“We have a long road and a lot of work ahead of us,” said newly appointed Volkswagen Group CEO Matthias Müller on Monday. “To this end, thoroughness is more important than speed.”

Volkswagen anticipates it will begin fixing the affected vehicles as soon as October, according to Bloomberg Business, and experts are still not sure how this will be completed.

“My theory is that due to the sheer competitiveness of the U.S. market, VW undersized the LNT to get better fuel economy,” said Nick Molden, founder and CEO of Emissions Analytics, a firm that conducts fuel efficiency and emissions tests. The LNT he refers to trap nitrous oxide emissions, and will likely be part of Volkswagen’s solution.

“I suspect there will be some sort of hardware intervention,” Molden said.

SEE ALSO: Why Volkswagen Resorted To Emissions Cheating

That means Volkswagen needs to design, produce and install this new component, all for the $664 per car that the company has set aside to handle the problem.

As if this task wasn’t complicated enough, in order for Volkswagen to simultaneously retain as much of its reputation as possible, the company’s solution must hit a trifecta for consumers:

  • The update can’t significantly reduce the car’s fuel economy or performance. As noted by Automotive News, “A reduction of either would likely trigger even more class-action lawsuits from disgruntled Volkswagen owners.”
  • The emissions fix must integrate into the car relatively easily without altering the car in a way that decreases either its value or its safety rating.
  • The fix must come quickly.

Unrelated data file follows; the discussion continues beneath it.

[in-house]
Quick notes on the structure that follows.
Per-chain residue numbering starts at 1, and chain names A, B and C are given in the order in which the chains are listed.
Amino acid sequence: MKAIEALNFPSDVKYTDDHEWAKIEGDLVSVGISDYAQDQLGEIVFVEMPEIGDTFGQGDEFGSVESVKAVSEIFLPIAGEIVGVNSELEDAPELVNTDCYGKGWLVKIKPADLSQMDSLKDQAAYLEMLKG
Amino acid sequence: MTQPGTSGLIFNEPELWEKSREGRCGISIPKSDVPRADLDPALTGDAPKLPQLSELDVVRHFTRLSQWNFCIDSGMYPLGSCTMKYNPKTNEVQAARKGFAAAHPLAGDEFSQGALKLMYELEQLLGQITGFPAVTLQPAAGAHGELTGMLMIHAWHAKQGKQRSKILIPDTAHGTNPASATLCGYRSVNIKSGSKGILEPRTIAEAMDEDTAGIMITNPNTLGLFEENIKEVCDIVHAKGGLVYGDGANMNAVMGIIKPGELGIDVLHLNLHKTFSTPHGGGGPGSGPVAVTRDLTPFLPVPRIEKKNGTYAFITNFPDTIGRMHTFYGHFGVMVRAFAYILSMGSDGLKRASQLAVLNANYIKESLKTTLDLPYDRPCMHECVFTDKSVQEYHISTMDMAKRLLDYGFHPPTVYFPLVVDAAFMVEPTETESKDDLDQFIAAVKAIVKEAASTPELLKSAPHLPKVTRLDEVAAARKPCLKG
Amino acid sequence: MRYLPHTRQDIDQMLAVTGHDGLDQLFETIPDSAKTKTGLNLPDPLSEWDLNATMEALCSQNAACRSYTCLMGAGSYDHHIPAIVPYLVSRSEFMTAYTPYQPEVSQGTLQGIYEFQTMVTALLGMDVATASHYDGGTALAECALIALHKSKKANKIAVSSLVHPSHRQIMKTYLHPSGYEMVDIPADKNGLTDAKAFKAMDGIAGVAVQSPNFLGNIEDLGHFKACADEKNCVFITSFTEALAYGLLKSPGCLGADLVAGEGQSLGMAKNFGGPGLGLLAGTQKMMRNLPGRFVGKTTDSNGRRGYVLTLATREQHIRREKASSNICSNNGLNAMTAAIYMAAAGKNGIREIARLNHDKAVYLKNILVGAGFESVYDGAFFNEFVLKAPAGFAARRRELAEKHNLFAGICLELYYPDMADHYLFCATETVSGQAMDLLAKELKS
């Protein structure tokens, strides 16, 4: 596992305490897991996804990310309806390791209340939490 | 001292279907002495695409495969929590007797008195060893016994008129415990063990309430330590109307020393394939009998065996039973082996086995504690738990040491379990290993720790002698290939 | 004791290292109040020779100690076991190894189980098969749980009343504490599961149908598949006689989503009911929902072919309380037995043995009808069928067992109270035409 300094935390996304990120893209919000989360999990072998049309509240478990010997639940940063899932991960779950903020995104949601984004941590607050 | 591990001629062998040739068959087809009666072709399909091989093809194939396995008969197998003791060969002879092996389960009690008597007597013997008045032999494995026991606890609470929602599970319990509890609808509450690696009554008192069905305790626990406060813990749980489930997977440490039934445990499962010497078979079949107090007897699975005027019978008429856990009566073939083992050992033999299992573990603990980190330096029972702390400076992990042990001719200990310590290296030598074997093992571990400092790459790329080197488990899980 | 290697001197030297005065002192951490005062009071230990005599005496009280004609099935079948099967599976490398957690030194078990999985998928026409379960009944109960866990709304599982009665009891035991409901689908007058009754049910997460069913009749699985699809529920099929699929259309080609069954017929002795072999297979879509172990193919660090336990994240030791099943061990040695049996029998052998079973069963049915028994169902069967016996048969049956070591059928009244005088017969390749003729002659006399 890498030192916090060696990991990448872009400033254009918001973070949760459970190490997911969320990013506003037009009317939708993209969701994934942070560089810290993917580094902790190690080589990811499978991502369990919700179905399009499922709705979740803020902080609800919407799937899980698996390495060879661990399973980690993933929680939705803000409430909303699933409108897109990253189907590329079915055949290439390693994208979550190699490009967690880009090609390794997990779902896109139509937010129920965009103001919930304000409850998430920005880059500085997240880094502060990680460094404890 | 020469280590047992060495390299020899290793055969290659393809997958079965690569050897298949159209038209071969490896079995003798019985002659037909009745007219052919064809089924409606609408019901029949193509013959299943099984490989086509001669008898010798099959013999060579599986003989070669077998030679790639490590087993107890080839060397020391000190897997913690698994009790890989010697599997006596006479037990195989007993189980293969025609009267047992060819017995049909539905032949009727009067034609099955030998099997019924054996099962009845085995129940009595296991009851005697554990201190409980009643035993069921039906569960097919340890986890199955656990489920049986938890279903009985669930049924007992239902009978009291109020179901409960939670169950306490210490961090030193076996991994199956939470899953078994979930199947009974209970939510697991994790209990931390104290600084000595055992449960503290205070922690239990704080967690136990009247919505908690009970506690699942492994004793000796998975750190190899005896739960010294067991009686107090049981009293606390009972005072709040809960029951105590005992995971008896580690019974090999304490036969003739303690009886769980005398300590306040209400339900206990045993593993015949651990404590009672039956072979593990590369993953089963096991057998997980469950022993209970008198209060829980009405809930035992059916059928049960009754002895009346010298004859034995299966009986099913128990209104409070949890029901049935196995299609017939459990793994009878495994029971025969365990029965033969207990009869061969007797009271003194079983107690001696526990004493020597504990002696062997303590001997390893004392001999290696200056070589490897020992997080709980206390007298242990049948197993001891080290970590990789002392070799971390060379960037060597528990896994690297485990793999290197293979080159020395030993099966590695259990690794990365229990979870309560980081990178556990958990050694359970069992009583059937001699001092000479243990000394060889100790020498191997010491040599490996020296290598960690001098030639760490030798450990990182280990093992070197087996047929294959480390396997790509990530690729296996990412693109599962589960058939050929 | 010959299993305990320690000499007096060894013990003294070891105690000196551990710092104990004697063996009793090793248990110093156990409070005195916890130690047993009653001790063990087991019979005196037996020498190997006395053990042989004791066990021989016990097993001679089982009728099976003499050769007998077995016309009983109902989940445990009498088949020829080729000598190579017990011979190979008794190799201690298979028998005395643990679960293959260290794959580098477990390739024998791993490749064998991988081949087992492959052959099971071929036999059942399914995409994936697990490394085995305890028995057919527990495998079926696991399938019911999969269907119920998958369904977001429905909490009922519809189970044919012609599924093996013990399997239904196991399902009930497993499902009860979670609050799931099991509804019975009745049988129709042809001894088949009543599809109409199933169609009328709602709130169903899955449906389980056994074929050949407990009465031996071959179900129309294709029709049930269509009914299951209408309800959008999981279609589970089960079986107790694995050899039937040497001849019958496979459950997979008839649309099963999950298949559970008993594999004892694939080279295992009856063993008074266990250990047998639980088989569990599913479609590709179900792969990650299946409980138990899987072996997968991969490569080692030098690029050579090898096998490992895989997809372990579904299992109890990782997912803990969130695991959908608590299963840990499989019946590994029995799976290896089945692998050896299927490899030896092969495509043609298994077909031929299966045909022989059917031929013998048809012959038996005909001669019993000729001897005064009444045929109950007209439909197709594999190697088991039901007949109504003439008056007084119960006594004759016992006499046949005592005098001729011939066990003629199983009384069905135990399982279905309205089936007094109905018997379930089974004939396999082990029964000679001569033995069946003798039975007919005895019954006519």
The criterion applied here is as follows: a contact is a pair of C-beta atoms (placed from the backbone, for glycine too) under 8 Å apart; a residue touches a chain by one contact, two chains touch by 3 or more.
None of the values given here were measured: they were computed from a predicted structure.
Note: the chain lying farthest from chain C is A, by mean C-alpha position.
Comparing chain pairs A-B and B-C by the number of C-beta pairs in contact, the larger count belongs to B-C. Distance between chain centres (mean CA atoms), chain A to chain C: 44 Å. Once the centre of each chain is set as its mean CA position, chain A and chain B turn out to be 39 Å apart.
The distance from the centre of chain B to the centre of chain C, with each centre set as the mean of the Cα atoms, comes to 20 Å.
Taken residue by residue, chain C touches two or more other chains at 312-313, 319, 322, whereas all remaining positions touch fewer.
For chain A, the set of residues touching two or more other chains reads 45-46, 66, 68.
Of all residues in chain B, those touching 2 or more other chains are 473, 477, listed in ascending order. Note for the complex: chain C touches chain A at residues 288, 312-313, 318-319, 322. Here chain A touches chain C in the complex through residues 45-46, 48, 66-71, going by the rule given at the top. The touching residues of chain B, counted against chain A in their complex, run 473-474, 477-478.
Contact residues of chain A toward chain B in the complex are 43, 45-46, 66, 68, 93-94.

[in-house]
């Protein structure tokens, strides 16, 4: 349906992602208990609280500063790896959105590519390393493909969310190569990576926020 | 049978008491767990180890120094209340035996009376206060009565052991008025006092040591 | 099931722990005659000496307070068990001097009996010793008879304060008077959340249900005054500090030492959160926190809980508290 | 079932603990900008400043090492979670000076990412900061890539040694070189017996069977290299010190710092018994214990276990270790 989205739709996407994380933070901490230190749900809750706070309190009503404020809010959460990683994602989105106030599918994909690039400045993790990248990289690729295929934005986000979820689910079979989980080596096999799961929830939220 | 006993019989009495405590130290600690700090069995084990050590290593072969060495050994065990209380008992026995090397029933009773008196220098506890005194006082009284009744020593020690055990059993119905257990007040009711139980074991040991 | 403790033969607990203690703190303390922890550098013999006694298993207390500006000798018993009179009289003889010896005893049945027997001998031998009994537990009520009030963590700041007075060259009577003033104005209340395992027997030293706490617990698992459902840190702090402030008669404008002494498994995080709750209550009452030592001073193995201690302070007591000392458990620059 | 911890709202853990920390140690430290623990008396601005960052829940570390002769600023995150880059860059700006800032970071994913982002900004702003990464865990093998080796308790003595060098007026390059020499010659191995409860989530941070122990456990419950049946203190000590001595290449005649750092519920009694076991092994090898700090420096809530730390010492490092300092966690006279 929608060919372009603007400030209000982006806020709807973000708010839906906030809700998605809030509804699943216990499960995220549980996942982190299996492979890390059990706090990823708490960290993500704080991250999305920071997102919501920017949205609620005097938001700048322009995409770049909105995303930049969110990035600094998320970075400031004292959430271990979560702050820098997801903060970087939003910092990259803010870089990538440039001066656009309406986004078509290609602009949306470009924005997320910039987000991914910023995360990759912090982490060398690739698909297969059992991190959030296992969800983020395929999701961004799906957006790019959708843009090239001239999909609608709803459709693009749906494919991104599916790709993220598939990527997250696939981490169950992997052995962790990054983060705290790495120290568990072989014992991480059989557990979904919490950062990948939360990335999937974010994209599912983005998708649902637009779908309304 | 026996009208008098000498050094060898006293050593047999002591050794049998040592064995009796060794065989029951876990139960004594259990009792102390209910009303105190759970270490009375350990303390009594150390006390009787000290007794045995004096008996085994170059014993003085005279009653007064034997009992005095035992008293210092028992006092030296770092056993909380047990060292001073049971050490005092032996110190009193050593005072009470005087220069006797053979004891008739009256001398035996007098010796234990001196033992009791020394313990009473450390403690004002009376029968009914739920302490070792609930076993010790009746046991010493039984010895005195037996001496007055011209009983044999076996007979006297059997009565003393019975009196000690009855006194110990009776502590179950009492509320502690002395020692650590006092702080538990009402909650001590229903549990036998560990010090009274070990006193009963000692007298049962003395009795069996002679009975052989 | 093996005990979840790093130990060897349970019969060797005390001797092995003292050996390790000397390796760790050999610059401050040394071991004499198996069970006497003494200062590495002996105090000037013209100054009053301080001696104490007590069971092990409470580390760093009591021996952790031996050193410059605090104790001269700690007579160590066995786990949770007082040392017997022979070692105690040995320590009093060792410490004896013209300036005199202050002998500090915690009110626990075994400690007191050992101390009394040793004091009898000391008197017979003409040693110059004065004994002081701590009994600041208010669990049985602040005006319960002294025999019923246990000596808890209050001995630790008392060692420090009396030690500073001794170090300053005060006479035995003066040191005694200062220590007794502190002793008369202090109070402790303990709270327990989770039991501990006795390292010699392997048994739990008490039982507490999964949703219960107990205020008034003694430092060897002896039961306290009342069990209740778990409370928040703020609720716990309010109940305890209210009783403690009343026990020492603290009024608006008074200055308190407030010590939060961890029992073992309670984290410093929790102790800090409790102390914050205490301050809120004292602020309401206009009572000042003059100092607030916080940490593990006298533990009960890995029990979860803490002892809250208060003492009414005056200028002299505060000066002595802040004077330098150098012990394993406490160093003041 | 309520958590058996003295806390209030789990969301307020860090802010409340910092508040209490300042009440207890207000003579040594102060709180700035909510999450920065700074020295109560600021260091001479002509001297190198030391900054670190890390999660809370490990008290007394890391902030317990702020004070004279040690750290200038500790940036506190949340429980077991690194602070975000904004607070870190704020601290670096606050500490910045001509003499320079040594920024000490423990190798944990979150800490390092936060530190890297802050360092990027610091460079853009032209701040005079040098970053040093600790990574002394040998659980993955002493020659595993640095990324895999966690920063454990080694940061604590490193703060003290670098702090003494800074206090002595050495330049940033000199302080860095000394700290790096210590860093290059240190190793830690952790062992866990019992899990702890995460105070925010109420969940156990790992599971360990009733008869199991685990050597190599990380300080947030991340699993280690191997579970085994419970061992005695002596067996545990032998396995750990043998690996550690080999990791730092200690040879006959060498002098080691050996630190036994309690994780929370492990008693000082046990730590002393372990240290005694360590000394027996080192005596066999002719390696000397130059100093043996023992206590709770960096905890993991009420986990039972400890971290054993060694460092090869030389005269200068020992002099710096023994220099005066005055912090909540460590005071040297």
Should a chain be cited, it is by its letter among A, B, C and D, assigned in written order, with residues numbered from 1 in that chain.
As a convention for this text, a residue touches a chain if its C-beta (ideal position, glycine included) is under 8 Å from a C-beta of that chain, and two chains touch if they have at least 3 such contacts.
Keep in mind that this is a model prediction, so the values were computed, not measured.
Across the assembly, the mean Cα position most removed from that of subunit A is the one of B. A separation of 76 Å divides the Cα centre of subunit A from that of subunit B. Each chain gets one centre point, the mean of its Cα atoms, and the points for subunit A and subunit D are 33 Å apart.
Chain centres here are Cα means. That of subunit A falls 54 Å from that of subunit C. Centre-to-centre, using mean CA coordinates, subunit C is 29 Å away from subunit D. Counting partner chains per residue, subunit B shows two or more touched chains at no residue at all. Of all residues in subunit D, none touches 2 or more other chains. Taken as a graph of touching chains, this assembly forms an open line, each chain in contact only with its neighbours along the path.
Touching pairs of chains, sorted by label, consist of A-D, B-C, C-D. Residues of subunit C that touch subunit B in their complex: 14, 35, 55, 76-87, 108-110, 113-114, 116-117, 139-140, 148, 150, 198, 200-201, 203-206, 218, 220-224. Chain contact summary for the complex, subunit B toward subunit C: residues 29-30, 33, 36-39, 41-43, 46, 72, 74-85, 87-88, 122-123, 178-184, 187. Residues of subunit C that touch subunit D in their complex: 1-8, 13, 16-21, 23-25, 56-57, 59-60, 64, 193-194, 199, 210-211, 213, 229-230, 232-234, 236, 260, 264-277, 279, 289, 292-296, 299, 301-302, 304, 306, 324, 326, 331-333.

A calibration expert that spoke anonymously with Automotive News also agreed that the repair will be costly, and could potentially affect fuel economy.

“It is difficult to imagine that the software could be updated to always meet emissions without impacting fuel economy or emissions, or the defeat device would not have been used from the beginning,” noted the expert.

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Bioweapon Experts Aren’t Buying the Tesla Model X’s Bioweapon Defense Mode 

The air conditioning system in the new Tesla Model X has three modes: circulating air from outside the car, re-circulating air that’s already inside the cabin, and a “bioweapon defense mode,” triggered by a button on the dashboard, which creates positive pressure inside the cabin to keep outside particles at bay. So, does it work? We asked bioweapons experts for their take on Tesla’s panic button.

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This Delta Ad Reminds Us Of Our Unlimited Potential

Normally airline advertisements try to hook with with Great Deals™ or some awkward rendition of your grandpa’s favorite song. Not Delta’s latest advertisement. This Delta ad reminds us of the miracle of flight, and opens our eyes to our potential.

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Here’s What Happened When I Tried To Sell My TDi ScandalWagen to CarMax

If you’ve read any of my 2-3 other posts, you’d know that I went out and leased a 2014 VW Jetta SportWagen TDi about a year ago in an attempt to merge the practicality of my beloved 4Runner and my I-like-it-but-I-don’t-have-room-for-three-cars Scion FR-S into a single, fun car that according to my salesman- achieves up to 50mpg highway once it breaks in. My second favorite part of his pitch was that the resale value was so good on TDi cars that I could resell it at the end of my lease and pocket a $2k difference over the buyout price.

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Last Call: Kind Of a Drag Edition

My wife always gives me a hard time because I like to pronounce “palm frond” as “pomfrong.” It’s just what I do. This Crown Vic pulled into the grocery store parking lot while I was packing up my shopping conquests, and it was comically dragging said source of pronunciation disagreement ...